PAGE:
This is gleaned from a telemedicine lecture from Virginia Mason in Seattle, Washington on October 19, 2009.

Screening for Breast Cancer in High Risk Women

In any woman alcohol does increase breast cancer risk, if there is more than two ounces intake daily. I tell people they can't save up for the weekend. 1.5 increase in relative risk. To put it in perspective, more than 2 ounces of alcohol is a risk equivalent to a first degree relative (mother, sister, daughter) with breast cancer.

Re MRI. There's a lot of battling going on at the research level about when to do an MRI for many reasons:

--high cost
--variable technique
--imperfect specificity
--patient barriers: size of patient/kidney function/claustrophobic
--questionable survival benefit

Virginia Mason (VM) has established a protocol for use of breast MRI. The recommendation for a breast MRI is that it be used for high risk patients as defined by:

--BRCA 1 & 2. Last year I learned that these are protective genes and it is their absence or mutation that causes the problem.
--> 20% risk (Gail model risk calculator)
--radiation to the chest age 10-30 (usually for another cancer)
--Li-Fraumeni (TP53 mutation) or Cowden (PTEN mutations)I had not heard of either of these genetic risks for breast cancer before. More on breast cancer genetics.

For high risk patients, MRIs should start at age 30, except for the inherited genetic problems, which should start at age 25 or 5-10 years younger than the youngest affected family member.

There is built in discrimination, in that MRI is so expensive, that only those with "good" insurance will get one. MRI is not being withheld from low risk patients: it really isn't helpful because they are not always easy to read and you can get false positives that lead to biopsies that make the person higher risk.....

Testing for BRCA 1 & 2 mutations is sometimes covered by insurance, and costs around $3700. My employer was changing insurance companies and the old one did cover $3200, while the new one didn't at all. I did the testing and paid $500. I have offered it to patients and have never had one agree; I found it hard to do and hard to go in for the results.

Studies are examining breast cancer genetics and mRNA expression of 16 genes. They have developed a recurrence score, divided in to low, medium and high. It gives an estimated breast cancer % recurrence over the next 10 years. 51% of node negative patients are low score and then do not need adjuvant therapy (such as tamoxifen, chemotherapy or radiation). People with high scores have a 27% recurrence rate over 10 years, so adjuvant therapy should be given. They are doing randomized trials of the intermediate scores -- either tamoxifen alone or tamoxifen and chemotherapy.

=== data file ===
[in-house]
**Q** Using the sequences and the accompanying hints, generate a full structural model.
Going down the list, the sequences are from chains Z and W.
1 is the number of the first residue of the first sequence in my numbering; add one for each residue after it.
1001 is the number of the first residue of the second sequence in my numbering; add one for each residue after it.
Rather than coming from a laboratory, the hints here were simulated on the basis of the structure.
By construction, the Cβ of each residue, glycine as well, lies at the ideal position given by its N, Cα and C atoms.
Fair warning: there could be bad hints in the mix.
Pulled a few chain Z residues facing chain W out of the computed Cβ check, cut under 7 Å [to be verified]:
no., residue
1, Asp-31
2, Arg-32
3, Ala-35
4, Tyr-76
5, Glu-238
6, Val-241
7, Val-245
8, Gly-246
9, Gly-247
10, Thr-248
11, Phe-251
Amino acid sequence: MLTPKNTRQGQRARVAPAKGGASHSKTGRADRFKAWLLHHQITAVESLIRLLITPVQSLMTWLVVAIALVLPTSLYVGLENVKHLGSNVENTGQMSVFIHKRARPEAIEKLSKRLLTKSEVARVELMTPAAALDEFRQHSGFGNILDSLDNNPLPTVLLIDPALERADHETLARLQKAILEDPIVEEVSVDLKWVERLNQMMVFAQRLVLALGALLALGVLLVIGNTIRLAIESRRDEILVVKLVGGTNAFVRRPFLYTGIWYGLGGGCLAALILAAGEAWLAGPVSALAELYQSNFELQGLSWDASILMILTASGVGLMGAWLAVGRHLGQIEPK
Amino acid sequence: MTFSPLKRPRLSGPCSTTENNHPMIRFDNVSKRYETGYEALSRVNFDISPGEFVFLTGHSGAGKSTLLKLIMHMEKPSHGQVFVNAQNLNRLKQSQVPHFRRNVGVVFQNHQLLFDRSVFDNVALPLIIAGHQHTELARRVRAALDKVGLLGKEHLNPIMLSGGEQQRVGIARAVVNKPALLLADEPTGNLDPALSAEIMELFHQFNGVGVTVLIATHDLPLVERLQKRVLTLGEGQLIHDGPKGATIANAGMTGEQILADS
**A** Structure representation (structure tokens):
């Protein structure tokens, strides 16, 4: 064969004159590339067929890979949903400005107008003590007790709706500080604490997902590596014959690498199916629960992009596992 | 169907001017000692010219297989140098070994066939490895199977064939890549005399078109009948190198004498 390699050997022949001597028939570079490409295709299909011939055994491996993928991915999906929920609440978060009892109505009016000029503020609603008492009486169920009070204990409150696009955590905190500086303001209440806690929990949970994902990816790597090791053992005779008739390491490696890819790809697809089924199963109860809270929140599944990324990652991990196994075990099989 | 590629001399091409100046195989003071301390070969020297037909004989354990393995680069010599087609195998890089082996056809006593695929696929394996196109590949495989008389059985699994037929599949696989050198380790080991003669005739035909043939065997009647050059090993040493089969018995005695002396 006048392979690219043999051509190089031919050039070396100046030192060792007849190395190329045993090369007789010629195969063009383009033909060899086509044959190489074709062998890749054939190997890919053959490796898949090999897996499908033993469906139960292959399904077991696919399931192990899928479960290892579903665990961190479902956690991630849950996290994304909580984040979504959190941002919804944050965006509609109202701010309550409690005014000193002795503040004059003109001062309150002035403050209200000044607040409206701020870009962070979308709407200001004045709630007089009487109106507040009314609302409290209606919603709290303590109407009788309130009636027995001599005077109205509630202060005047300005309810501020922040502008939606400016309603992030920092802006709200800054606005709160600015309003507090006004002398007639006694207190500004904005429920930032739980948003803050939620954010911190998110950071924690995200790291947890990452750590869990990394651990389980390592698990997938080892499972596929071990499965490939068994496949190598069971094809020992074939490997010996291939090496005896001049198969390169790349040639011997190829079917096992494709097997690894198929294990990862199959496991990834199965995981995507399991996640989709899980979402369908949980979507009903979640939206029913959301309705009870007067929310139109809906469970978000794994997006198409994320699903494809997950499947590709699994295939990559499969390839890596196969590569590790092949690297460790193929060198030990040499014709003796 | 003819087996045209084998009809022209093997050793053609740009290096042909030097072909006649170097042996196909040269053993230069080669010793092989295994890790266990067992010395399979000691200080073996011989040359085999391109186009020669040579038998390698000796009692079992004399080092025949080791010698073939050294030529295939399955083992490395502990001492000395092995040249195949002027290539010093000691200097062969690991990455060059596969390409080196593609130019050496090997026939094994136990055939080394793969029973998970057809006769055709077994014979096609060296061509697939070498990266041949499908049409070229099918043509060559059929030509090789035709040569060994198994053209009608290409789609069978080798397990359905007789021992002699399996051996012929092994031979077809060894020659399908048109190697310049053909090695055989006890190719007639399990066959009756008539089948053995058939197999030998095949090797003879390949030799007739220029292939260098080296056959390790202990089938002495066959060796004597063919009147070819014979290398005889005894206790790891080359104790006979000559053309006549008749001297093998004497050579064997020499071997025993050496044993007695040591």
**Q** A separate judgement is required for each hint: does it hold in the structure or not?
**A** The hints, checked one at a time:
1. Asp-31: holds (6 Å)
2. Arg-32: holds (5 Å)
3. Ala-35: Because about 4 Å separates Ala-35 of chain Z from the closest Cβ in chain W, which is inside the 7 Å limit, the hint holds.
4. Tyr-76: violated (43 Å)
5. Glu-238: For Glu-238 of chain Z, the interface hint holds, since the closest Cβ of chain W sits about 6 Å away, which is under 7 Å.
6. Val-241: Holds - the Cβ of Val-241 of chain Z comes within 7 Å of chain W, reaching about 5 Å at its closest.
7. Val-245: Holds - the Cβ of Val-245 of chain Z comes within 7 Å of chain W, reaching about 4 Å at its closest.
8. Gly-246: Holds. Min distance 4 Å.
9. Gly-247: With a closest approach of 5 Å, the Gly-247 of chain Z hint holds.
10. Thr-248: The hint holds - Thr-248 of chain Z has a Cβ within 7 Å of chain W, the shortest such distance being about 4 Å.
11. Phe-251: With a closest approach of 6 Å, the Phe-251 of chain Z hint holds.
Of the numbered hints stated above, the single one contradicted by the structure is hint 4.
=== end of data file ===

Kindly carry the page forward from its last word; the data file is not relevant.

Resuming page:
Tamoxifen is metabolized to endoxifen. However, 10% of patients are poor metabolizers. There is a Roche test of CYP2D6 (known as sip2-D-6) for $300 to identify poor metabolizers. Fluoxetine (prozac) and paroxetine (paxil) sometimes mess up the metabolism of tamoxifen by inhibiting CYP2D6 and shouldn't be used with it. Tamoxifen is being compared to other aromatase inhibitors. Hot flushes turn out to be important -- there are less in the tamoxifen non-metabolizers. Thus the doctor will be cheerful if the woman has hot flushes on tamoxifen, because they are likely to have a "better outcome". This is really getting in to "personalized medicine" where the genetics of an individual are guiding treatment. It is called molecular profiling.

There are arguments going on about whether the Gail Model high risk calculator is better than the genetic testing. Virginia Mason currently recommends doing genetic screening if the life expectancy is 5 years or less.

Inflammatory breast cancer requires an MRI. It turns out that inflammatory breast cancer cells can become sensitized to tamoxifen sometimes by estrogen. So even though we don't use hormones in people with breast cancer, there might be a small group where we do. It makes the cells hypersensitive to the tamoxifen.

That's what I got from the lecture. It is confusing, isn't it? Remember that we used to only diagnose stage III and IV breast cancer, so that is where the best studied treatments are. I have patients with early breast cancer who are offered 3-4 alternatives and want to know which is BEST. The truth is that it's all under study and is changing every year. I predict that there will be more and more genetic testing in the future, to direct treatment. I do worry that it will become impossibly expensive and complicated to treat even a hangnail. Doctors are in the unenviable position of being sued for doing too much OR too little. Let's all strive for perfection at all times.